Chinese cuisine revolves heavily around five key flavours; sweet, sour, spicy, salty and bitter. These flavours are blended harmoniously together in Chinese cooking, not only to create incredible tastes, but it is believed that they promote health and longevity.
Common ingredients in Chinese dishes include rice, noodles, bao buns, meats, vegetables and tofu. Tea is very popular and is served with most meals.
Here we’ve compiled a list of our favourite Chinese eats… Chopsticks at the ready!
Dòujiāng yóutiáo (soybean milk and deep-fried dough sticks)
Bāozi (steamed buns filled with meat or soup)
Dòuhuā (tofu pudding)
Miàntiáo (wheat noodles)
Mǐfěn (rice noodles)
Congee (rice porridge)
Húntun jiăozi (wantons and dumplings)
Jiānbĭng (thin pancake with eggs)
Chūn juǎn (spring rolls)
Běijīng tián yā (peking duck)
Gū lǎo ròu (sweet and sour pork)
Gōngbǎo (kung pao chicken)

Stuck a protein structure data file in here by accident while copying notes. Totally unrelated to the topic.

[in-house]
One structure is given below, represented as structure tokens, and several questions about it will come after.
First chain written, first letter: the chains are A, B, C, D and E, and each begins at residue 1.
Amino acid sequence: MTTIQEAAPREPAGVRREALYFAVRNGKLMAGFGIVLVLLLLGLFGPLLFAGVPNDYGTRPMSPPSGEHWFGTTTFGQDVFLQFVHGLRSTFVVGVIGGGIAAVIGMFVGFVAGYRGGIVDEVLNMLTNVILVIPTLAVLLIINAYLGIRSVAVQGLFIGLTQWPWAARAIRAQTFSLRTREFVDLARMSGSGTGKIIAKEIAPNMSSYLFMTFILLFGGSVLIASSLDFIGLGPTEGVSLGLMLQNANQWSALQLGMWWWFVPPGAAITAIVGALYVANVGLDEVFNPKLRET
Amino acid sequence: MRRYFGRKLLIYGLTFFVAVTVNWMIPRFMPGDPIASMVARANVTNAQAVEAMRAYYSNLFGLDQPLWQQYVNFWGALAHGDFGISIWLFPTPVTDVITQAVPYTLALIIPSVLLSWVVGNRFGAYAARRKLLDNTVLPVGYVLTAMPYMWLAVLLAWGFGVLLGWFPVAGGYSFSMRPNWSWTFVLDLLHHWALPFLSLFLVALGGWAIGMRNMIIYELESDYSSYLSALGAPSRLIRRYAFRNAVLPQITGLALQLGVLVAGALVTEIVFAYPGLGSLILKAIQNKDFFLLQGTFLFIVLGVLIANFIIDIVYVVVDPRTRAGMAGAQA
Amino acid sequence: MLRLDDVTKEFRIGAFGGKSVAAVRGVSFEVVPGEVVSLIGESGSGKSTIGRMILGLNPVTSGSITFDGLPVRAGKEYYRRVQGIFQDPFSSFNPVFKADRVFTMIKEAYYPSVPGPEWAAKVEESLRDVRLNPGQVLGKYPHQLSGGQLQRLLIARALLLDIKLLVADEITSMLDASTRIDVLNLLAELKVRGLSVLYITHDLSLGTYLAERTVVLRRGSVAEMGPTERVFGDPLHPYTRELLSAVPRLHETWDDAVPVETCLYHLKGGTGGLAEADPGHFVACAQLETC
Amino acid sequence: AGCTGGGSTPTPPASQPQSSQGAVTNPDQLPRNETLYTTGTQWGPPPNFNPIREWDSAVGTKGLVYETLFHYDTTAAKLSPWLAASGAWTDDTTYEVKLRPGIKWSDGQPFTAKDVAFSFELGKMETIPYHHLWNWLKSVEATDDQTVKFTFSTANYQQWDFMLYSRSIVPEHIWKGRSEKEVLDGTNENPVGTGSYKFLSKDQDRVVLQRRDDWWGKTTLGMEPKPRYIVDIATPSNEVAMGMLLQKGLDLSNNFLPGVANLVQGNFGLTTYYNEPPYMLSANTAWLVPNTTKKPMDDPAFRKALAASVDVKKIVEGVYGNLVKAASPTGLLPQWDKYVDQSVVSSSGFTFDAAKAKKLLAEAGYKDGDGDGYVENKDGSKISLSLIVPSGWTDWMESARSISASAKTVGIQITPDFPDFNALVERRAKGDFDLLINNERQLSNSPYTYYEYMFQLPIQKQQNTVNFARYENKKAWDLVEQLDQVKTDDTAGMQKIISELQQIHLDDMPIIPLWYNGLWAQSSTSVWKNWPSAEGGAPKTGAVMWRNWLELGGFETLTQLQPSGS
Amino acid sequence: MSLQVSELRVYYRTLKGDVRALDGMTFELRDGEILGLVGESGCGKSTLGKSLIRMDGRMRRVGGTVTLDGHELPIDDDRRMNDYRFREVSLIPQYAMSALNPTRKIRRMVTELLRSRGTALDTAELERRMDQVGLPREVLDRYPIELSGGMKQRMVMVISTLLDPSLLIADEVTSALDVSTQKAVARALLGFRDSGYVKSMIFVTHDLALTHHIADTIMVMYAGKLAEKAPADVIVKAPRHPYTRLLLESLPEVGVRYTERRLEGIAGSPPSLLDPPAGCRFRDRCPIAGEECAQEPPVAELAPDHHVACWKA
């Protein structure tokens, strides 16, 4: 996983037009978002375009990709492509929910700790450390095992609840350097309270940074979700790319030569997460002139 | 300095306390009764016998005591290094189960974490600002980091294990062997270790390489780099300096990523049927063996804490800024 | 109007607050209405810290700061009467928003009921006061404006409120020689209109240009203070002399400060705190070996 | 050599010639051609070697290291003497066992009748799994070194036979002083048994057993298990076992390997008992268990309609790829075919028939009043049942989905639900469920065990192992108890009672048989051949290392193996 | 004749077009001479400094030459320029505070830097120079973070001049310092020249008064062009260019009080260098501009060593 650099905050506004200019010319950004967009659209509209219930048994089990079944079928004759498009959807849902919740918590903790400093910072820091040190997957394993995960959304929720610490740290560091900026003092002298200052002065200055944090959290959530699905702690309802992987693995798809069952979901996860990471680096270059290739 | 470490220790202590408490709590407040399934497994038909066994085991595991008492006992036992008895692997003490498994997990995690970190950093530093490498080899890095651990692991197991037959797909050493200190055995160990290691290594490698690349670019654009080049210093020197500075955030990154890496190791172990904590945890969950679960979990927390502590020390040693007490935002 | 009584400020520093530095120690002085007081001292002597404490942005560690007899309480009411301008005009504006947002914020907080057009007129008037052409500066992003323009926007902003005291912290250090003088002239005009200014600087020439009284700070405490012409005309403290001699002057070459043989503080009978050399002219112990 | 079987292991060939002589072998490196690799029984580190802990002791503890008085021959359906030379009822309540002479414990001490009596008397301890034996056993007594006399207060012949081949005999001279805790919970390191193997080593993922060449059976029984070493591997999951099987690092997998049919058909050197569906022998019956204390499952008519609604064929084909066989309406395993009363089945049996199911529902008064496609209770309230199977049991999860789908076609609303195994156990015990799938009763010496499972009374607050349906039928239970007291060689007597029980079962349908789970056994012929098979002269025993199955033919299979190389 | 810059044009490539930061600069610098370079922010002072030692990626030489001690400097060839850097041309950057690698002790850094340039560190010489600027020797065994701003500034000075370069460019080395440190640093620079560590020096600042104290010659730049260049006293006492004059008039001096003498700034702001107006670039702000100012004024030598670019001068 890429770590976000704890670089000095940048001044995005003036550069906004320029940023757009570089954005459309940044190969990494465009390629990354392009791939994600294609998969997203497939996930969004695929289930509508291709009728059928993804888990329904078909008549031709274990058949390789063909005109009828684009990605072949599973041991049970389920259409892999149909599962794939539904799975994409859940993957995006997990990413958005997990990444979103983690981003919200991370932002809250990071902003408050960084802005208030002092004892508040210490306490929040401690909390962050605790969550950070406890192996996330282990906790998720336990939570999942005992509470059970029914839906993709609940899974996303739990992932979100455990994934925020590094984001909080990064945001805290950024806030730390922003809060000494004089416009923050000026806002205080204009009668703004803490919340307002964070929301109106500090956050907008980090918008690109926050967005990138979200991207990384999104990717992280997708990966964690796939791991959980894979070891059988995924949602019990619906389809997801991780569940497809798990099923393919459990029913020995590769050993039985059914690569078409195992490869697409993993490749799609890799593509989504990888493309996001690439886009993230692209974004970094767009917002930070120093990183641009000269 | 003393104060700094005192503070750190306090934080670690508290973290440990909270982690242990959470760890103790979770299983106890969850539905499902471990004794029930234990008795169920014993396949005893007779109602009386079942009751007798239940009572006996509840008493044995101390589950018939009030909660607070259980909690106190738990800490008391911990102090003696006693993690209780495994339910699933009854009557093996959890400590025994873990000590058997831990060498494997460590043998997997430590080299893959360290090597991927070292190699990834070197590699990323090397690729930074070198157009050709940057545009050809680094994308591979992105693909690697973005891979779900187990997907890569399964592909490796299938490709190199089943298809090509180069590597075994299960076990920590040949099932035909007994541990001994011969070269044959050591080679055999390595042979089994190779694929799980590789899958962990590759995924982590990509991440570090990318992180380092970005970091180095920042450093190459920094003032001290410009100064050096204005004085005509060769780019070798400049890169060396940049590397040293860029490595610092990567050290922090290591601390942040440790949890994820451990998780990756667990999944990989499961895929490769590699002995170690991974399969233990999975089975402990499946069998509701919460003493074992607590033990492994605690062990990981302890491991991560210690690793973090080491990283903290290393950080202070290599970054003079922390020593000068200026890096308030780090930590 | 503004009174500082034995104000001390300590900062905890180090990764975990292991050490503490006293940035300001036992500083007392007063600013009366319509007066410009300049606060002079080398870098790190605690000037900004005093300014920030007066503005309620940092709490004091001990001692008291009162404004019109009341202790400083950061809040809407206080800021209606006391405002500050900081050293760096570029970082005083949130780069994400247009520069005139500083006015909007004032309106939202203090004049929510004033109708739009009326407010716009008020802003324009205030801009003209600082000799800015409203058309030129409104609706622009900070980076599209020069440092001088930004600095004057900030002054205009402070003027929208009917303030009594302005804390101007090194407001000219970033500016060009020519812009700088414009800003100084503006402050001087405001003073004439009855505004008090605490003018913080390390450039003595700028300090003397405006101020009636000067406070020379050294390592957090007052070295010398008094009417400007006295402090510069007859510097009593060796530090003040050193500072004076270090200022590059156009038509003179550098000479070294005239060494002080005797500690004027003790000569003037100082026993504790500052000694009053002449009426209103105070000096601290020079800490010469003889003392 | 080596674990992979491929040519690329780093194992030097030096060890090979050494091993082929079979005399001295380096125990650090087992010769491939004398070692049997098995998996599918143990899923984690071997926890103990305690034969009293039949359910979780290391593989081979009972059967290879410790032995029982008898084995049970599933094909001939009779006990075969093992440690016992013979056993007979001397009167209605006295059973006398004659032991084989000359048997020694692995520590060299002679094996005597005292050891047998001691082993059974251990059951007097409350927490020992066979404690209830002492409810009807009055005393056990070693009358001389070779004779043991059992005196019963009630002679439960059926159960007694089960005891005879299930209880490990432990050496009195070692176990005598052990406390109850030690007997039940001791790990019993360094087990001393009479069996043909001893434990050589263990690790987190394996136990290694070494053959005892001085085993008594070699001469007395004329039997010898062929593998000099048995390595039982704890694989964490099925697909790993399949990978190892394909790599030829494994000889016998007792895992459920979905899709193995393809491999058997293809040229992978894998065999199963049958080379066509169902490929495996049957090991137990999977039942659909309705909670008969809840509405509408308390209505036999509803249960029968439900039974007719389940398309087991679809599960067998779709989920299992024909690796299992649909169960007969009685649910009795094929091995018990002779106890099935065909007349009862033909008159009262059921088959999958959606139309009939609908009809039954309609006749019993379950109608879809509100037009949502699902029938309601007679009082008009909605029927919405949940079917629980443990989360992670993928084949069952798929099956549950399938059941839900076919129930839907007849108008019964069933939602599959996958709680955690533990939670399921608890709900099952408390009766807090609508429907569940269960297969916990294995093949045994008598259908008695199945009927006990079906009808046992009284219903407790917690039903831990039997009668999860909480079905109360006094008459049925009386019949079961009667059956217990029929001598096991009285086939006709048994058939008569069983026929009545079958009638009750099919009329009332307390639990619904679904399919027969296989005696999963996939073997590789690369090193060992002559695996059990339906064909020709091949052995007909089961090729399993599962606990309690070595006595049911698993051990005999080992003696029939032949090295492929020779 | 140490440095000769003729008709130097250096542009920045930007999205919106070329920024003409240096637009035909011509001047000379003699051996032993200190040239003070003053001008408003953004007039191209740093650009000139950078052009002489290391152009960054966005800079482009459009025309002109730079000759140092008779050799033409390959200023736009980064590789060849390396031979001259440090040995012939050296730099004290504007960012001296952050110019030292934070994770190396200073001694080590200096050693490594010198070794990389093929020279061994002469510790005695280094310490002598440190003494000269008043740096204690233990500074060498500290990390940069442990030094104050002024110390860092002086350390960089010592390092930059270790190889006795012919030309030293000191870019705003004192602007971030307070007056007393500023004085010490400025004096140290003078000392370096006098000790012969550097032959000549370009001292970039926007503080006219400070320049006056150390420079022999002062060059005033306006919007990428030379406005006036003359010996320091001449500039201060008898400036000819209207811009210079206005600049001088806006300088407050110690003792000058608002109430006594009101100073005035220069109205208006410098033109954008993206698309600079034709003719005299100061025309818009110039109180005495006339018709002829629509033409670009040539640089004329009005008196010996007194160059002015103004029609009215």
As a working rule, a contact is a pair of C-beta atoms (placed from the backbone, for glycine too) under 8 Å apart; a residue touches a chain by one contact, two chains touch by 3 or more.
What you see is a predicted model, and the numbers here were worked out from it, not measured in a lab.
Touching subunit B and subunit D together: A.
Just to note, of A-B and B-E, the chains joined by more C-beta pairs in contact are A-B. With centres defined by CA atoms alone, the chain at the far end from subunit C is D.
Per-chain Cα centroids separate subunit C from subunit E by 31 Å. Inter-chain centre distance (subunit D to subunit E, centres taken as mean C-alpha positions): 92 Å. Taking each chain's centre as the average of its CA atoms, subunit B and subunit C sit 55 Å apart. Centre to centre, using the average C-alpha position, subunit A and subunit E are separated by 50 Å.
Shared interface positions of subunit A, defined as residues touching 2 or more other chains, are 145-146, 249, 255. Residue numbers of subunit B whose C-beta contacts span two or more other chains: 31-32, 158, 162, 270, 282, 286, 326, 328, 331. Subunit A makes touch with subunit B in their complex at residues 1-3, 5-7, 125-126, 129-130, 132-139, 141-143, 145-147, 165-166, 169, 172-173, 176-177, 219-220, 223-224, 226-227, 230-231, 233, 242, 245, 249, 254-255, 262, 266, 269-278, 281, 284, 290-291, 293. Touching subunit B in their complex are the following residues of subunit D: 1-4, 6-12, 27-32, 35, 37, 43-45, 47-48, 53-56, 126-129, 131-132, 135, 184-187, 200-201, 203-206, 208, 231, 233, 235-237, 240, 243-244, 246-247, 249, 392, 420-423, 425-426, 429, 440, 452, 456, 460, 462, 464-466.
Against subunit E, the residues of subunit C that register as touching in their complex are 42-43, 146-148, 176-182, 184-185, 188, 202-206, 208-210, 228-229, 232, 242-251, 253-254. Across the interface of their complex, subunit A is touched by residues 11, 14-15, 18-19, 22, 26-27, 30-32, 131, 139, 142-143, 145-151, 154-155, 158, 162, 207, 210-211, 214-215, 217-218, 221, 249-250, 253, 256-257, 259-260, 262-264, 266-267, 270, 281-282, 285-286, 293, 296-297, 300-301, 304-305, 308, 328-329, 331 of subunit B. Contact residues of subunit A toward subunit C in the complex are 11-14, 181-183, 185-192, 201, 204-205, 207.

Siu Mei (Cantonese barbecued meat)
Fuqi Feipian (chilled Sichuan beef)
Chow mein (fried noodles)
Má pó dòu fu (tofu in spicy sauce)
Liáng bàn bō cài (cold sesame spinach)
Dòu shā bāo (bun with red beans)
Dàn tà (egg tarts)
Nán guā bǐng (pancake made from pumpkin)
Nǎi huáng bāo (bun filled with egg yolk and sugar)
Tāng yuán (sweet soup with sticky rice balls)
Xìng rén dòng (almond jelly)
Shāo xiān cǎo (grass jelly)
Liú lián sū (deep-fried durian)
Lóng xū sū (dragon’s beard candy)
Táng hú lu (candied fruit on a stick)
Tea, pearl milk tea, Tieguanyin, C100, Suanmeitang, salt soda water, soybean milk, coconut milk.
Sinkiang, Tsingtao, Kvass.
Elle Conway studies Journalism in Canberra, Australia. Prior to university, she spent four years travelling, working and living abroad. She loves fantasy novels and spiced rum, and one day hopes to travel to Antarctica.